Escape Man (脱獄者) (Japan, 1967) [35mm] - 3.5/5
Kazuo Ikehiro tackles modern day crime thriller in an uneven, but highly rewarding Daiei noir. Tetsuro Tamba is a police detective with a little brother Jun Fujimaki in the yakuza. Tamba eventually gets framed and jailed for being too close to the gang - though despite the film's title this doesn't happen until the second half. And here lies the film's unevenness. The opening half is stylish, but not particularly convincing (two gangs gathering for a 5 vs. 5 quickdraw death duel being an example of both) or always engaging. However, once Tamba is behind bars, the film goes into highly suspenseful observative mode as he desperately tries to find a weak spot in the prison security while also keeping himself alive till the action packed climax. The entire second half is first rate filmmaking and Tamba is expectedly good. Sniper assassin Kyosuke Machida, gangster Nobuo Kaneko and former chief Yoshi Kato all excel in supporting roles. Fine score and stylish black & white cinematography complete the package.

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grim_tales
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Re: What asian film/series have you just seen.. marks out of 5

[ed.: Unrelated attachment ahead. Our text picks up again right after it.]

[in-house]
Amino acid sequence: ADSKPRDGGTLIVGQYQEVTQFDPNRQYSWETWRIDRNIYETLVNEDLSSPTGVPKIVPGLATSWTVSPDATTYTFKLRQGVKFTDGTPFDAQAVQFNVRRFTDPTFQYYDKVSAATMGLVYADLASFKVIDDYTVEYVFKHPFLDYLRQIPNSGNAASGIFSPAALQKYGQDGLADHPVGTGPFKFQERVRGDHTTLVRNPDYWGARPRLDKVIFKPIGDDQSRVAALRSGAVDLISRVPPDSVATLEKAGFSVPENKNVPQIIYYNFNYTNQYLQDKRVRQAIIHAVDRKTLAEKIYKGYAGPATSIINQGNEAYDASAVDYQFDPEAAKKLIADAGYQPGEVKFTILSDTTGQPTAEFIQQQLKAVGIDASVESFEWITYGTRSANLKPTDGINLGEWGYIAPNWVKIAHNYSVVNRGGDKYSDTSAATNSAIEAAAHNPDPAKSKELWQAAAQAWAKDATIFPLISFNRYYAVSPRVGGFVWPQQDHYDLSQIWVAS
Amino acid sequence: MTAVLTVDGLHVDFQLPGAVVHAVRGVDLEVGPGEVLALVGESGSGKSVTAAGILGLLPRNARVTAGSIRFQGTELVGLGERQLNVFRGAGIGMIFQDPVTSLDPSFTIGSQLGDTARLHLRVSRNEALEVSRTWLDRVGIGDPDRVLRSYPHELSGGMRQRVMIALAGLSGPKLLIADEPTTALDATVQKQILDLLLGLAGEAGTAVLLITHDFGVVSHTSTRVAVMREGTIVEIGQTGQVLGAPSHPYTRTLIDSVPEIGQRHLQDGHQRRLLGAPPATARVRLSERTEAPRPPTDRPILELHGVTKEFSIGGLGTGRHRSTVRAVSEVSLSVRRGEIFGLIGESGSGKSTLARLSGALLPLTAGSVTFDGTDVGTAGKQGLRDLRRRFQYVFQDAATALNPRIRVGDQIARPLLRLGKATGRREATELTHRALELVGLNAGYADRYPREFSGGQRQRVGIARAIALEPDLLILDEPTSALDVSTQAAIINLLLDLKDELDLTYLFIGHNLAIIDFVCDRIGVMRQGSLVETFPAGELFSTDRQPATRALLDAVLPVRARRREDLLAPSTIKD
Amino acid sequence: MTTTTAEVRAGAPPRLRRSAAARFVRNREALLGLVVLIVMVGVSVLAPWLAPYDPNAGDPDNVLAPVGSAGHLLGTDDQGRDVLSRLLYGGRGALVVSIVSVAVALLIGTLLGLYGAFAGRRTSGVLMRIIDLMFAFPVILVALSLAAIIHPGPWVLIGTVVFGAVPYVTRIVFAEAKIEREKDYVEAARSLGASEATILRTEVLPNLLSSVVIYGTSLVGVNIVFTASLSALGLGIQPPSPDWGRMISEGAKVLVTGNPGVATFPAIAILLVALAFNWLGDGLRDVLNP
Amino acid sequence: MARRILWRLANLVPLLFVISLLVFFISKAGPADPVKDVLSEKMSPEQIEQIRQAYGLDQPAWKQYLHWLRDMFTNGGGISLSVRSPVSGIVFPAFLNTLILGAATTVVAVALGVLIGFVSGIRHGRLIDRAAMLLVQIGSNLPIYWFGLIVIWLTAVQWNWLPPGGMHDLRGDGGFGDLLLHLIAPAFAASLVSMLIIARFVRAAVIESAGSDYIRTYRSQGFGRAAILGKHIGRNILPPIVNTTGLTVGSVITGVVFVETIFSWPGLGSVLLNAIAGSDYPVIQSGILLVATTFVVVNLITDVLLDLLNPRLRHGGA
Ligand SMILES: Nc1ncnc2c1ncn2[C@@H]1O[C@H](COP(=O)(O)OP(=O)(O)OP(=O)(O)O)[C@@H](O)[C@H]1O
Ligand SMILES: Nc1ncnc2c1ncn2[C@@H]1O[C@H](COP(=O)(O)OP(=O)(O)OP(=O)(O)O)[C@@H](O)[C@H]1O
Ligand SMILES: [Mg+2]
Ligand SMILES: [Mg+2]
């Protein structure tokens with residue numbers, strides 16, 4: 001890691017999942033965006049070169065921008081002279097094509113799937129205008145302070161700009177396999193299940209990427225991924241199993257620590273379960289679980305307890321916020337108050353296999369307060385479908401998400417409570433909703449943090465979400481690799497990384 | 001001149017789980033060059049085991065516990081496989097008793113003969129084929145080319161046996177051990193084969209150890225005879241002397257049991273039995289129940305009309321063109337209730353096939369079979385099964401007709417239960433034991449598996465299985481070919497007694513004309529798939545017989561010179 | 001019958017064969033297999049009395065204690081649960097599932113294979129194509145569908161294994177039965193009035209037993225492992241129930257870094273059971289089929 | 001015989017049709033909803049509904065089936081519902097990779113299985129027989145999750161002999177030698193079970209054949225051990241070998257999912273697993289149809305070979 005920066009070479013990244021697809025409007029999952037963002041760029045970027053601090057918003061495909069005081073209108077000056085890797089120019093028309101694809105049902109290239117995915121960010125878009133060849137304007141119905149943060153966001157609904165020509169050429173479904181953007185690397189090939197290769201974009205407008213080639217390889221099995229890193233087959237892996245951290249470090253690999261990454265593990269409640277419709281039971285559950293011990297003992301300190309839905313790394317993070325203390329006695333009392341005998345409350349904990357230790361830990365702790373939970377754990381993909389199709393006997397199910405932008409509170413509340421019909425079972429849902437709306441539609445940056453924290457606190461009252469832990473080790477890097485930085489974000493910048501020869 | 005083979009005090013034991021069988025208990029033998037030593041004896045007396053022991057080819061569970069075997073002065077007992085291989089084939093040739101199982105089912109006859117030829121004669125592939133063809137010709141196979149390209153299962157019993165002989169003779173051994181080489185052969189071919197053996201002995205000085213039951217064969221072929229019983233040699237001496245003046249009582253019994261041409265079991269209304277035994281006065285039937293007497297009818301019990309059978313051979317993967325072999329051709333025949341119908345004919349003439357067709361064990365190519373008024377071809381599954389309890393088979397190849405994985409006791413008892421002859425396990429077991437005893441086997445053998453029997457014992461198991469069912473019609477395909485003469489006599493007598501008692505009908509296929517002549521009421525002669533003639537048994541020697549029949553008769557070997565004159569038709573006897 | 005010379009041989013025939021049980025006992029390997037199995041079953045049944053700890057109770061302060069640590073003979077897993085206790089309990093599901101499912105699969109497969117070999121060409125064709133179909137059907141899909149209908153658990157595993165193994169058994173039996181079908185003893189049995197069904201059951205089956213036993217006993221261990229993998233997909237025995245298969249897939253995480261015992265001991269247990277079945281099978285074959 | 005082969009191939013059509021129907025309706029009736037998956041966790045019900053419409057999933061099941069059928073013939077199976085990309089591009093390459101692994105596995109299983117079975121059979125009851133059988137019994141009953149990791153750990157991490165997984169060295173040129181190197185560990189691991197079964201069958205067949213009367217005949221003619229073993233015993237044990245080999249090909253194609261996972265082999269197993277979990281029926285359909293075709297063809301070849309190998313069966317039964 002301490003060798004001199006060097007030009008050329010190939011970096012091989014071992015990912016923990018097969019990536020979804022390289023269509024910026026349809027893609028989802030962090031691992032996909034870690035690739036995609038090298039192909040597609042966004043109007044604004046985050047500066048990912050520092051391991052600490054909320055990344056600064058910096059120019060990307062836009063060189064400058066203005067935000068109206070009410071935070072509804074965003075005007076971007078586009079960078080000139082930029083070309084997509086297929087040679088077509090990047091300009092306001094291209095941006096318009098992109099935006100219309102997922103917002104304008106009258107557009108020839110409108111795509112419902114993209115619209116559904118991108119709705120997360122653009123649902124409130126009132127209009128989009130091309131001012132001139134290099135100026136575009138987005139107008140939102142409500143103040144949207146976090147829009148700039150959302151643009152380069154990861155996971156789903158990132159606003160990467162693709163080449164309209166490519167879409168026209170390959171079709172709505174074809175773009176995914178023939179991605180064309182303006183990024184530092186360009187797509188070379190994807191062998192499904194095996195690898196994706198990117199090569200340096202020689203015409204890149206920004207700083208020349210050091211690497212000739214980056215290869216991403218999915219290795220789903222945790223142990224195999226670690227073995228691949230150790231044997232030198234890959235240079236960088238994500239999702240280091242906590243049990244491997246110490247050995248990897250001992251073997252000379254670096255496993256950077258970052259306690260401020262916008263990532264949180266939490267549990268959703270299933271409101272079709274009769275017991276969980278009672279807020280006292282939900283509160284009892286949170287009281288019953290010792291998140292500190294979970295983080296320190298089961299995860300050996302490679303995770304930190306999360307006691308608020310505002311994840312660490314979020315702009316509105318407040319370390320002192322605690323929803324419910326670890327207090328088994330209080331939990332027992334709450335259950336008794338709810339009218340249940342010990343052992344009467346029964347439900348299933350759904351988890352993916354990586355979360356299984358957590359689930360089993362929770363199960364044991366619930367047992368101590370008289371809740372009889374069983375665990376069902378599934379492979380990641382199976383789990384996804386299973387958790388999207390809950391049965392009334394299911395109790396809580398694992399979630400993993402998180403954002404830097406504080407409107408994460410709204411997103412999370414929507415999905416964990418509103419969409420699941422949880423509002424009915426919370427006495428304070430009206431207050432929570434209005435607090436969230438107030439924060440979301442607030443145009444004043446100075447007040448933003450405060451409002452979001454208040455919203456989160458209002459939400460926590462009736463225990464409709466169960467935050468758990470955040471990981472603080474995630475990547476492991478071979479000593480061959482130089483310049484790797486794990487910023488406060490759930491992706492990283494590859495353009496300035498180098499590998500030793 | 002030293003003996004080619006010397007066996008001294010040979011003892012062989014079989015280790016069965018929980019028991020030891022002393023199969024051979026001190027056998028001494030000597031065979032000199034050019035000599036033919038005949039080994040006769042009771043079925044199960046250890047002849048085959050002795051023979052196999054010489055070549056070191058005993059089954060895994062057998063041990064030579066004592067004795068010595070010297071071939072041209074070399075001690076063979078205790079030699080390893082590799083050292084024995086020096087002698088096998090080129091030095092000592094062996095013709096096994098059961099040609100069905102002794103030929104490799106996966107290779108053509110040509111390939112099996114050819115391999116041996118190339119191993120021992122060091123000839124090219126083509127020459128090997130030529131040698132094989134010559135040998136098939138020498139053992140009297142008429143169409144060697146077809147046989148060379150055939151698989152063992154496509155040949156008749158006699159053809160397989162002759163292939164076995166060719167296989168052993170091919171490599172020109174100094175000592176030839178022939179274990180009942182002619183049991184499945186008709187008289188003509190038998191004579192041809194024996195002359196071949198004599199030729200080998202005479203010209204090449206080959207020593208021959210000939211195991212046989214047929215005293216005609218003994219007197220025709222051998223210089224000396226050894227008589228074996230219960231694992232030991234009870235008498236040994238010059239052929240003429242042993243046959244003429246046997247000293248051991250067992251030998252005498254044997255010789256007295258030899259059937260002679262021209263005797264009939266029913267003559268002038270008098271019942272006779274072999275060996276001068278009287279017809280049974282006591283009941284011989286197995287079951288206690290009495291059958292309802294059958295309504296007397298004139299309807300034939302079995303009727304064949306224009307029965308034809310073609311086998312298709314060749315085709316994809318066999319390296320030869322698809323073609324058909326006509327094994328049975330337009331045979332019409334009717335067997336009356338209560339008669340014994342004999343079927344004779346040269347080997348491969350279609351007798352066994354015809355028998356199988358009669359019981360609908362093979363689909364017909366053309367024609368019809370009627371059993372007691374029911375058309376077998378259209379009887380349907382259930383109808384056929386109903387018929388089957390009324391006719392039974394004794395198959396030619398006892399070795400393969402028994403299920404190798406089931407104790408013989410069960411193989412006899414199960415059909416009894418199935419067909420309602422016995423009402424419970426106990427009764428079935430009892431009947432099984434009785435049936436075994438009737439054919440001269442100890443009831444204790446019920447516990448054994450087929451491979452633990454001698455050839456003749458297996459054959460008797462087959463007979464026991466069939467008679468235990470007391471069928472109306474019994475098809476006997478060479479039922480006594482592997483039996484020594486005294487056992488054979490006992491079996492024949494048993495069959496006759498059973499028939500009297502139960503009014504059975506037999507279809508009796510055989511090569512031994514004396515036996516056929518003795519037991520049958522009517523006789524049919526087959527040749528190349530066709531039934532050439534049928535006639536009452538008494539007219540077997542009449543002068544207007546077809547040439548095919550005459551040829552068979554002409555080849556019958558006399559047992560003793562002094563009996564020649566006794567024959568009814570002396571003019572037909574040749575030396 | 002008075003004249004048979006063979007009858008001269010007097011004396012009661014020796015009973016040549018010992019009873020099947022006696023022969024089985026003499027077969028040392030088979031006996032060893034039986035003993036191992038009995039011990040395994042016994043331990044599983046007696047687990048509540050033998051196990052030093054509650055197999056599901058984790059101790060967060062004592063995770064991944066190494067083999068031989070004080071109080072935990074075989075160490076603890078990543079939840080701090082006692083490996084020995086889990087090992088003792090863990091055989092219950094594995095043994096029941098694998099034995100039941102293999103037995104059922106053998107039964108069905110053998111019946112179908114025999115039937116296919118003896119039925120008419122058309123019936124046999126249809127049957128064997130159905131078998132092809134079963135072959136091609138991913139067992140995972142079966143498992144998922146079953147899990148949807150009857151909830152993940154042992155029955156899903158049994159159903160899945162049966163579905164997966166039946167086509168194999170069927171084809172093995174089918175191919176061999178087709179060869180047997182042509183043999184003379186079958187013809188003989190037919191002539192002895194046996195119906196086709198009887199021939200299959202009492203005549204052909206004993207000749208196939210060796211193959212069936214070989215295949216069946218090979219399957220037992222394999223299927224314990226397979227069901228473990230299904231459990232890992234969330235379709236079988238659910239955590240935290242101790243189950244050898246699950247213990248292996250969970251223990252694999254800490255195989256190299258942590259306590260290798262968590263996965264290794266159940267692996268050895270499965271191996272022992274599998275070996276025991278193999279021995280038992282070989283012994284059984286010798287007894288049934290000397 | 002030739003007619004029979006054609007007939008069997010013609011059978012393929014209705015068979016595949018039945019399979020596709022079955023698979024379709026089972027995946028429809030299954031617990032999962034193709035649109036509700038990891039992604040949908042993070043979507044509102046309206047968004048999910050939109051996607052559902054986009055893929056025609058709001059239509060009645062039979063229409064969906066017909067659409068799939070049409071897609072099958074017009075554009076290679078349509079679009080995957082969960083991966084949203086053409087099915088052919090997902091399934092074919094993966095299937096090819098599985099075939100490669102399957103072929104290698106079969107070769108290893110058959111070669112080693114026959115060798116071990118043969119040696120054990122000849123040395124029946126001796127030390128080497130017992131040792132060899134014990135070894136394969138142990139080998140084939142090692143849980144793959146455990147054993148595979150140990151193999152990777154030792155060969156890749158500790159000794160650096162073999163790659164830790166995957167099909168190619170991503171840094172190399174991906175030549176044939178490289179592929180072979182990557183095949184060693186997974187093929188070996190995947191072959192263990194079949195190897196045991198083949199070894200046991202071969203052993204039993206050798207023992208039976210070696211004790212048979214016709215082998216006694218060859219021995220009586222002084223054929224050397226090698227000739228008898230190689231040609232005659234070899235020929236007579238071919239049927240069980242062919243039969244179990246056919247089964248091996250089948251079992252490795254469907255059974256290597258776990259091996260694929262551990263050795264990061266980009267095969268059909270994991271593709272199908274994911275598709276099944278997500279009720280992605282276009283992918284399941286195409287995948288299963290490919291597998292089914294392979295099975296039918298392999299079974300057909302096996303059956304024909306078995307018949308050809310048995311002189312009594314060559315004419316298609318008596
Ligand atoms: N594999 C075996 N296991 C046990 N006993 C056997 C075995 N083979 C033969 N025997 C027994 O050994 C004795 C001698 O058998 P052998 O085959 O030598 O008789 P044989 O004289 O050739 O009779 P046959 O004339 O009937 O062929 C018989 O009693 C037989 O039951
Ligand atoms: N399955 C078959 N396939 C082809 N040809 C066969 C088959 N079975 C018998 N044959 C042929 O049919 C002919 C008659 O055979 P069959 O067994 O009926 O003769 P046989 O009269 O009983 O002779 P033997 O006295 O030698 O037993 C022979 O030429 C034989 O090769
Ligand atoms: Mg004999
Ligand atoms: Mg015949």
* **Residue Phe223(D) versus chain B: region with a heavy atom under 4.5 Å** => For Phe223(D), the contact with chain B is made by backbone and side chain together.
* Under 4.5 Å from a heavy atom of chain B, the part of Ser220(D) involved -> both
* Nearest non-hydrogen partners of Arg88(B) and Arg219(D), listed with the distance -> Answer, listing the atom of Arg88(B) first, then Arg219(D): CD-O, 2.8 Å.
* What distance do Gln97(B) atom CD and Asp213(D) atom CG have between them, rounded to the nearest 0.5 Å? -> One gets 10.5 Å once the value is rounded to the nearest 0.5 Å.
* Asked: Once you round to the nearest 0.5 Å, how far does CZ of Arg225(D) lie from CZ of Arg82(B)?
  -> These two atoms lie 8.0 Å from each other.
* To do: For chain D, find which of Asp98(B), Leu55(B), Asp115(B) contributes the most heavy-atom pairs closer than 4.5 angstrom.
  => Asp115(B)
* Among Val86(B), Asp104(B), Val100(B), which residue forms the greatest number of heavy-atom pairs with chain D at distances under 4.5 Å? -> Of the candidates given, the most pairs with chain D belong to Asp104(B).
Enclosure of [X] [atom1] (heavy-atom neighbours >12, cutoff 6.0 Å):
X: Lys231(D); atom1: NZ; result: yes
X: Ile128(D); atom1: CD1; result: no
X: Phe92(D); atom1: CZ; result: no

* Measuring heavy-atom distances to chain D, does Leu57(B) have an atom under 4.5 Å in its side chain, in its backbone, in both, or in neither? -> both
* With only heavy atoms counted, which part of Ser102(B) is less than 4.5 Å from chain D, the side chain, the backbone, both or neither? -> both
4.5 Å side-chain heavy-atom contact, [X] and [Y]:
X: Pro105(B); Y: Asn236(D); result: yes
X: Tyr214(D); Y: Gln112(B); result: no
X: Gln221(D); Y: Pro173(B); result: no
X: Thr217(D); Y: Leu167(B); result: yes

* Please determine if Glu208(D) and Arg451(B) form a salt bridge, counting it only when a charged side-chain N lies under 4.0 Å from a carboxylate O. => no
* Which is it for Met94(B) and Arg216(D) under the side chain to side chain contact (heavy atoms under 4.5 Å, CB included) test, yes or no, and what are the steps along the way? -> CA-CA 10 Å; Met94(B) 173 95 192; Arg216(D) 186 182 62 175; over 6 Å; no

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Police Story (HK, 1985): 5/5

Great movie and one of Jackie's best (the talk before the start listed a co-director which I didn't know though), the transfer looked it was 4K (or restored from that) but the sound was crap, impact hits and gunshots were too powerful. Also a couple of errors (I may be wrong) :oops: :

In the court scene, when the prosecutor asks Jackie if he could see all of the bus, Jackie says "No", but the subs say "Yes" :?
When Jackie asks Salina how long she's known Chu, she says "Four years" but at the beginning, Inspector Li says she only joined up with him recently. I'd take that to mean a few weeks or a month, not 4 years!

Maybe I'm being over sensitive here? - I know it was the 80's and Jackie is only doing it as a ruse to make Salina co-operate with him, but the part where he stages what looks like a rape attempt/attack is in poor taste :(

He comes across as a bit of a dick to May :(